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Canterbury, Dover and Nonington – celebrating histories.

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Canterbury, Dover and Nonington – celebrating histories.

Because the CKHH blog of 6th April has seemingly gone walkabout in the ether, I’m going to resurrect part of it for this week where it is still relevant. In addition, we are hoping to offer you something special later tomorrow, so please do check in.

The Black Prince’s funeral monument, Canterbury Cathedral (image: Dean and Chapter)

It is now under two weeks until the Medieval Canterbury Weekend 2022 on 29 April to 1 May, and it is getting very exciting as the final pieces slot into place. We still have tickets available for lectures, but the tours have sold out. Sorry to those who wanted to come on these guided visits, maybe next time! I am looking forward to all the talks, but I’m especially intrigued by London’s first ‘common library’ and ‘Sir Gawain and the Green Knight’ has always been a favourite of mine. Moreover, having explored some of Canterbury’s medieval houses, I’m keen to hear from Dr Chris King and then see Dr Dean Irwin’s presentation. For those who would like to see the full programme, please check it out at: https://www.canterbury.ac.uk/medieval-canterbury .

Turning to other up and coming events, it is great to be able to report that Dr Claire Bartram will be placing a spotlight on Dover TOMORROW, all being well, when a 2nd blog from Claire will be the publication of the Centre’s and Christ Church’s contribution to the IHR Centenary project. She has been collecting in the final items for this celebration that will highlight material about medieval and Tudor Dover right the way through to contemporary engagements with local communities creatively and through knowledge exchange enterprises.

Dover Castle

This coincides with the University of Kent’s IHR Centenary project run by Professor Mark Connelly, and the Centre for Kent History & Heritage is delighted to collaborate by having a stall, offering a talk and running family-friendly events at ‘Kent: Gateway to the World History Festival’ in the Westgate Hall, Canterbury, between 10am and 4pm on Saturday 23 April. On topics from the Dover Bronze Age boat by way of Aliens in 15th-century Canterbury to the two World Wars, those coming along are in for a treat, not least because Penny Bernard, one half of the ‘Medieval Animals Heritage’ project team will be running family-friendly activities and who can resist a super hedgehog, a gorgeous little owl or a handsome lion!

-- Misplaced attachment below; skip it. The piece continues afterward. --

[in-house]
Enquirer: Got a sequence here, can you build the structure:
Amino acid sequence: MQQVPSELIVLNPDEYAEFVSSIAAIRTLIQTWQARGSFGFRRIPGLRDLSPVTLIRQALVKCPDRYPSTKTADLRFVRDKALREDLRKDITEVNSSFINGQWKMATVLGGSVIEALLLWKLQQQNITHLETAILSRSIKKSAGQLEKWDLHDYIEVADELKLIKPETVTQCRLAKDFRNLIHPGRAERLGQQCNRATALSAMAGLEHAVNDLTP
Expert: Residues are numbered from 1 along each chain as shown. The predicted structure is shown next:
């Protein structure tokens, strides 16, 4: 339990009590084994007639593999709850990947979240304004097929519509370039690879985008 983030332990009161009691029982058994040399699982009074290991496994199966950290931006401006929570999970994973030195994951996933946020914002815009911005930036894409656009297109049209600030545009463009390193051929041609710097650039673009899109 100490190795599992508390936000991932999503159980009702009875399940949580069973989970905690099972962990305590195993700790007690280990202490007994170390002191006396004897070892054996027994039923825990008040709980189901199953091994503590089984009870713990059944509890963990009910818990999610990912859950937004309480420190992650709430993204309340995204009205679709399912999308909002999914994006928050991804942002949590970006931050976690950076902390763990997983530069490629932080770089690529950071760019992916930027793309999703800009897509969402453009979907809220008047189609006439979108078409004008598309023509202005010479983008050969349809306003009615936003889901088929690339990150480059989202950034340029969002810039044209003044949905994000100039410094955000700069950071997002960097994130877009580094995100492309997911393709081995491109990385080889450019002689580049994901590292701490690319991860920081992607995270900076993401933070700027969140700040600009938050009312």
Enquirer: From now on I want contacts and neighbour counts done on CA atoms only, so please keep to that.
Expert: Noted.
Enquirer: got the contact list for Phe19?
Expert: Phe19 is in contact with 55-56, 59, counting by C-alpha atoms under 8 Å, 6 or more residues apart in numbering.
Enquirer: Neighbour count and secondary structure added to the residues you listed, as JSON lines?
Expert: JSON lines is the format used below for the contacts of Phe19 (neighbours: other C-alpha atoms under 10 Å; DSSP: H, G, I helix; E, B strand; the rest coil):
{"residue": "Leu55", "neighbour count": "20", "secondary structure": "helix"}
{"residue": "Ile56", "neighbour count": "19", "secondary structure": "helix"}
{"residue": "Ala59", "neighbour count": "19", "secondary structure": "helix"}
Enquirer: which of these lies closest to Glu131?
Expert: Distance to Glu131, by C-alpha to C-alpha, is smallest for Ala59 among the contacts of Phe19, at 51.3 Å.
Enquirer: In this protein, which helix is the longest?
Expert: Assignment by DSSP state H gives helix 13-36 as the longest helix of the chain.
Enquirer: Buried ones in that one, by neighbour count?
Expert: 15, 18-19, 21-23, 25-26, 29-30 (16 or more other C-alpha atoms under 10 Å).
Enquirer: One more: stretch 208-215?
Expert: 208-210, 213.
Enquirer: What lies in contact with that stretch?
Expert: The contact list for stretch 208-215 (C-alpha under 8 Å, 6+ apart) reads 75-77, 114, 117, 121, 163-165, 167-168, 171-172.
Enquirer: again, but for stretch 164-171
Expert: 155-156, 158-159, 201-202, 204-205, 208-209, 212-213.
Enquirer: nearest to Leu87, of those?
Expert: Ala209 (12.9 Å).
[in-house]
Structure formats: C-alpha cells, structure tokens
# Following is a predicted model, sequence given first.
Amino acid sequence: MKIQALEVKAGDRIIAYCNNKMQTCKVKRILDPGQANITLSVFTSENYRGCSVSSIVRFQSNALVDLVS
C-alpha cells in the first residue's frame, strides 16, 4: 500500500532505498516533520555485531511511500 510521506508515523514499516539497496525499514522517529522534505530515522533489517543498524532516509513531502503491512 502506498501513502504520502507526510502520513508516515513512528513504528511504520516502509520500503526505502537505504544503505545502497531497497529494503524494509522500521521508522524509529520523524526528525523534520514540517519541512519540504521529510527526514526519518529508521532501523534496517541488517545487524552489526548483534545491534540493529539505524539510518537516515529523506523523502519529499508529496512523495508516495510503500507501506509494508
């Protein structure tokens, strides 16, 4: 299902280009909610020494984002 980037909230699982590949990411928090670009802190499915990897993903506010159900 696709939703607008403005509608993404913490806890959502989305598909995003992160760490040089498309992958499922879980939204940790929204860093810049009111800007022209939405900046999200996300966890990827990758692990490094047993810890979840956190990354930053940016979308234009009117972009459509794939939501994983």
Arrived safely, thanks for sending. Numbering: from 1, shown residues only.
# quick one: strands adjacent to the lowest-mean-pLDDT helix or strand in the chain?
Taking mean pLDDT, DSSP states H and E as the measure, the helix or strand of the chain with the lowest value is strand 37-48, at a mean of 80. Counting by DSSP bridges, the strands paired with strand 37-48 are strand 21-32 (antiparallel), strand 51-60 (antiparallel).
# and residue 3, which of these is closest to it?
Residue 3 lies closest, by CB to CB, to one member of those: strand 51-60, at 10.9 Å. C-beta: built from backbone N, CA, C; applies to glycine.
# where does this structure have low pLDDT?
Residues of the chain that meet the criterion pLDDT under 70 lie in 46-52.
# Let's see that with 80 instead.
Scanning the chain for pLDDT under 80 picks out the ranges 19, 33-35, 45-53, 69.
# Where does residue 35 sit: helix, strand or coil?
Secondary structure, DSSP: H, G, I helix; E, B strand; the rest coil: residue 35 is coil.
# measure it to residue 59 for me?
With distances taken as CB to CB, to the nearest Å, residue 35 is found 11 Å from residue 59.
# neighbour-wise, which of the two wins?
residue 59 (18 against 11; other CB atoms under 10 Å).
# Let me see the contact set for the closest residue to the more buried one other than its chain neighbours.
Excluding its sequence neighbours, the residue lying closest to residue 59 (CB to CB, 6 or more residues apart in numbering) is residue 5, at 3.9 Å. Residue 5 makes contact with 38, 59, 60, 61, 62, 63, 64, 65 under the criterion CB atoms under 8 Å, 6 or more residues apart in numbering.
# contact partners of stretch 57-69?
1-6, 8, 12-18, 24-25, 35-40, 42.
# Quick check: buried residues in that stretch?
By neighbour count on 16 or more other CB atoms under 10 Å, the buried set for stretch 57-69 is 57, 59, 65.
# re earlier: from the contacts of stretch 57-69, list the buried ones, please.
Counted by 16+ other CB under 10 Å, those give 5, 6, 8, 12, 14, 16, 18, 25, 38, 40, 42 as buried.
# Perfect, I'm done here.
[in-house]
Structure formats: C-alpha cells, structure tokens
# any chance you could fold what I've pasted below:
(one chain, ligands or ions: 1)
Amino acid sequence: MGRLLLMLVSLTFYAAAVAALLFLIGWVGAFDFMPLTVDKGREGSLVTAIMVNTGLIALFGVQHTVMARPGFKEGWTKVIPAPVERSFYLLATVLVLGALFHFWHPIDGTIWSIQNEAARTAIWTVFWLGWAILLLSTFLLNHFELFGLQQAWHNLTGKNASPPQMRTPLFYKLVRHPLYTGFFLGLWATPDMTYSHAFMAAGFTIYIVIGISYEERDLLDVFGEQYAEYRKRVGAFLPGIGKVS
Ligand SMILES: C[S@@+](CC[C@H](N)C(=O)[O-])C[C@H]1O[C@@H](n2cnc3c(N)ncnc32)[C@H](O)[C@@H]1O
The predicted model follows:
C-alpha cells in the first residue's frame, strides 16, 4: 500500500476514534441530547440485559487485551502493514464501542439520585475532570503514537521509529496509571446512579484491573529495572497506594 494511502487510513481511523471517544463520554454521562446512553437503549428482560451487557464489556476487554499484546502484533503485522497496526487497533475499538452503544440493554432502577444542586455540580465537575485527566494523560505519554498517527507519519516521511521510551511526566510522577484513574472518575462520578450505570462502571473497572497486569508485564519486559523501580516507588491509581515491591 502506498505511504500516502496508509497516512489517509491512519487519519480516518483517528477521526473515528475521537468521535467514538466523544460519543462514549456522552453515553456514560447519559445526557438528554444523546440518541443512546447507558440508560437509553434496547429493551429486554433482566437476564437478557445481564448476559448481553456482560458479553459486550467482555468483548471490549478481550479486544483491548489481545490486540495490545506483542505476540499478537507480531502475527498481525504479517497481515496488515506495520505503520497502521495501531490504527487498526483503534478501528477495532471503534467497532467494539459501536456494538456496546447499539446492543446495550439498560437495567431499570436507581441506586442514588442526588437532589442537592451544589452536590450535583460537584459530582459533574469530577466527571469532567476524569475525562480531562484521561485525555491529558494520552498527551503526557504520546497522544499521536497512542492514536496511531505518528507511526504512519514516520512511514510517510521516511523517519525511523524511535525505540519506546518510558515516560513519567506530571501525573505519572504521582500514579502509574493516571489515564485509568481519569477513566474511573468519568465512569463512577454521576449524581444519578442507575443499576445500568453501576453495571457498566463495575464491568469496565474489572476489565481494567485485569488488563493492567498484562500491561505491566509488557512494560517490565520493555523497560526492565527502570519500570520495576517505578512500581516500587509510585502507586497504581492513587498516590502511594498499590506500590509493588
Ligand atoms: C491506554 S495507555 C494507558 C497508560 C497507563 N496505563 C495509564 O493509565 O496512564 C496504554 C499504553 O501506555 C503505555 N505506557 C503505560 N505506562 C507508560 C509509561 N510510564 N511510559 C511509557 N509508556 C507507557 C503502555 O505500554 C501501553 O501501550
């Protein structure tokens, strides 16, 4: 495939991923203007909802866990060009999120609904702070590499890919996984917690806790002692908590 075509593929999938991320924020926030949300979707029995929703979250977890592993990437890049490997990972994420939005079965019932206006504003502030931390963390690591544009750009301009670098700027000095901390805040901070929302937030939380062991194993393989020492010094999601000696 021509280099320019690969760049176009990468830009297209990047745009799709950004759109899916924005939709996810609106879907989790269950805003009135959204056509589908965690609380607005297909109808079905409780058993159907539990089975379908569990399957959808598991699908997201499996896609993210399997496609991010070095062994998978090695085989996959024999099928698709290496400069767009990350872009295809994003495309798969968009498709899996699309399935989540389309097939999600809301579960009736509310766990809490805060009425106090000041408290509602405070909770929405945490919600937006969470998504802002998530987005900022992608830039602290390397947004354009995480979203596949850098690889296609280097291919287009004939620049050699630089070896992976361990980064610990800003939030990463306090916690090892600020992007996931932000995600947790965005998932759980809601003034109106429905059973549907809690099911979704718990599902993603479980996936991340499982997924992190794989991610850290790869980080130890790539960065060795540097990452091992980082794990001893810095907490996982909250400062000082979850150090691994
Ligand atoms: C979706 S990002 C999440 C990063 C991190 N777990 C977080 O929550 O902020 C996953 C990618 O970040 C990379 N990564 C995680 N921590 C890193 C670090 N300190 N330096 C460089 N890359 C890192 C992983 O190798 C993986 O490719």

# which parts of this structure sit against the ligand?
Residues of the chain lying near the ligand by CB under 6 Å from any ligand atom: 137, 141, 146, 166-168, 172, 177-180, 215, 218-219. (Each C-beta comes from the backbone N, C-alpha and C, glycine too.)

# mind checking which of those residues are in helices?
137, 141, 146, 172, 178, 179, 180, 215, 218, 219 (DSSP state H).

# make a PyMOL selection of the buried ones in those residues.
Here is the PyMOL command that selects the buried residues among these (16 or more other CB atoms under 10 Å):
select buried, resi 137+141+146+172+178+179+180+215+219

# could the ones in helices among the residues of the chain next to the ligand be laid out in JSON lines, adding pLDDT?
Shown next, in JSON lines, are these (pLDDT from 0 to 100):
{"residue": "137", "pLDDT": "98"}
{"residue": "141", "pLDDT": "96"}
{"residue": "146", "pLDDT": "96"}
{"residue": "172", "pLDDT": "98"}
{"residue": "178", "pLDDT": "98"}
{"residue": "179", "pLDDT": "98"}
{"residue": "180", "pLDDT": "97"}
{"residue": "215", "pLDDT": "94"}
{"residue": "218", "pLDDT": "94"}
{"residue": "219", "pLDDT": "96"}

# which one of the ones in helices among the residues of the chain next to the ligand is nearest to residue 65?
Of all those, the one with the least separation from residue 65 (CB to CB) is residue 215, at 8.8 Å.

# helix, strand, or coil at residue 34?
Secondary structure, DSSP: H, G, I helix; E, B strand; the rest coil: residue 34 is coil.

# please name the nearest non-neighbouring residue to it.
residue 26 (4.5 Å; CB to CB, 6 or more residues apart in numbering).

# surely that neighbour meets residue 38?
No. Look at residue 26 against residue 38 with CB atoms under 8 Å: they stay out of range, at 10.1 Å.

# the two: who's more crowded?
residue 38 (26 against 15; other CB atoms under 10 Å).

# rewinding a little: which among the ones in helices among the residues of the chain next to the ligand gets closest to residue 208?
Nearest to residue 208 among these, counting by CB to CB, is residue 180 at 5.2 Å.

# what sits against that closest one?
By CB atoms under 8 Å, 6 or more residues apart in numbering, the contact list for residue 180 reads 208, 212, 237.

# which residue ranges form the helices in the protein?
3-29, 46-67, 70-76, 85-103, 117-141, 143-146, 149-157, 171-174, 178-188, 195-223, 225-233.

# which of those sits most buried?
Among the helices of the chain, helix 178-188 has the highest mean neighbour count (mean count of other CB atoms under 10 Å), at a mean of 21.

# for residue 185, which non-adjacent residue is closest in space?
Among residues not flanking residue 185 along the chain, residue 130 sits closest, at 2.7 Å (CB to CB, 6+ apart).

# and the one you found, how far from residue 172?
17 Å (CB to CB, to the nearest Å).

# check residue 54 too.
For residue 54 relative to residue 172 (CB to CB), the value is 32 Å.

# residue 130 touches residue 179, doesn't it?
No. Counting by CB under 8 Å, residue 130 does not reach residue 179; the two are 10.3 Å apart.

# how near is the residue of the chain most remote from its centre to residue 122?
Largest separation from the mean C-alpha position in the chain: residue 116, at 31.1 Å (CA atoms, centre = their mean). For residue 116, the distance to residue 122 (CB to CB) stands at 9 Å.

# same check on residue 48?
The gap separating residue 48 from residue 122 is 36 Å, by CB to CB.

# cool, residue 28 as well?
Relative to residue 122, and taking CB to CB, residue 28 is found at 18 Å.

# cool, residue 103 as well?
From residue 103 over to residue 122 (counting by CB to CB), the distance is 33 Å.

Then on Saturday 30 April, Mark will have a second Kent History Festival day at the Royal Engineers Museum at Gillingham, again 10am until 4pm. As at Canterbury you can book in advance through Eventbrite, but equally feel free to go along on the day although there will be an entrance fee if not pre-booked at Gillingham. Of course, this coincides with the Medieval Canterbury Weekend which means there will be members of the Kent History Postgraduates at both Canterbury and Gillingham. I’m delighted that Peter Joyce has volunteered to fly the Centre’s flag at Gillingham where he will provide a short talk, at 11.10am, on ‘The House for the Poor built by the Rich’ which is based on his doctoral research.

St Edmund’s chapel, Dover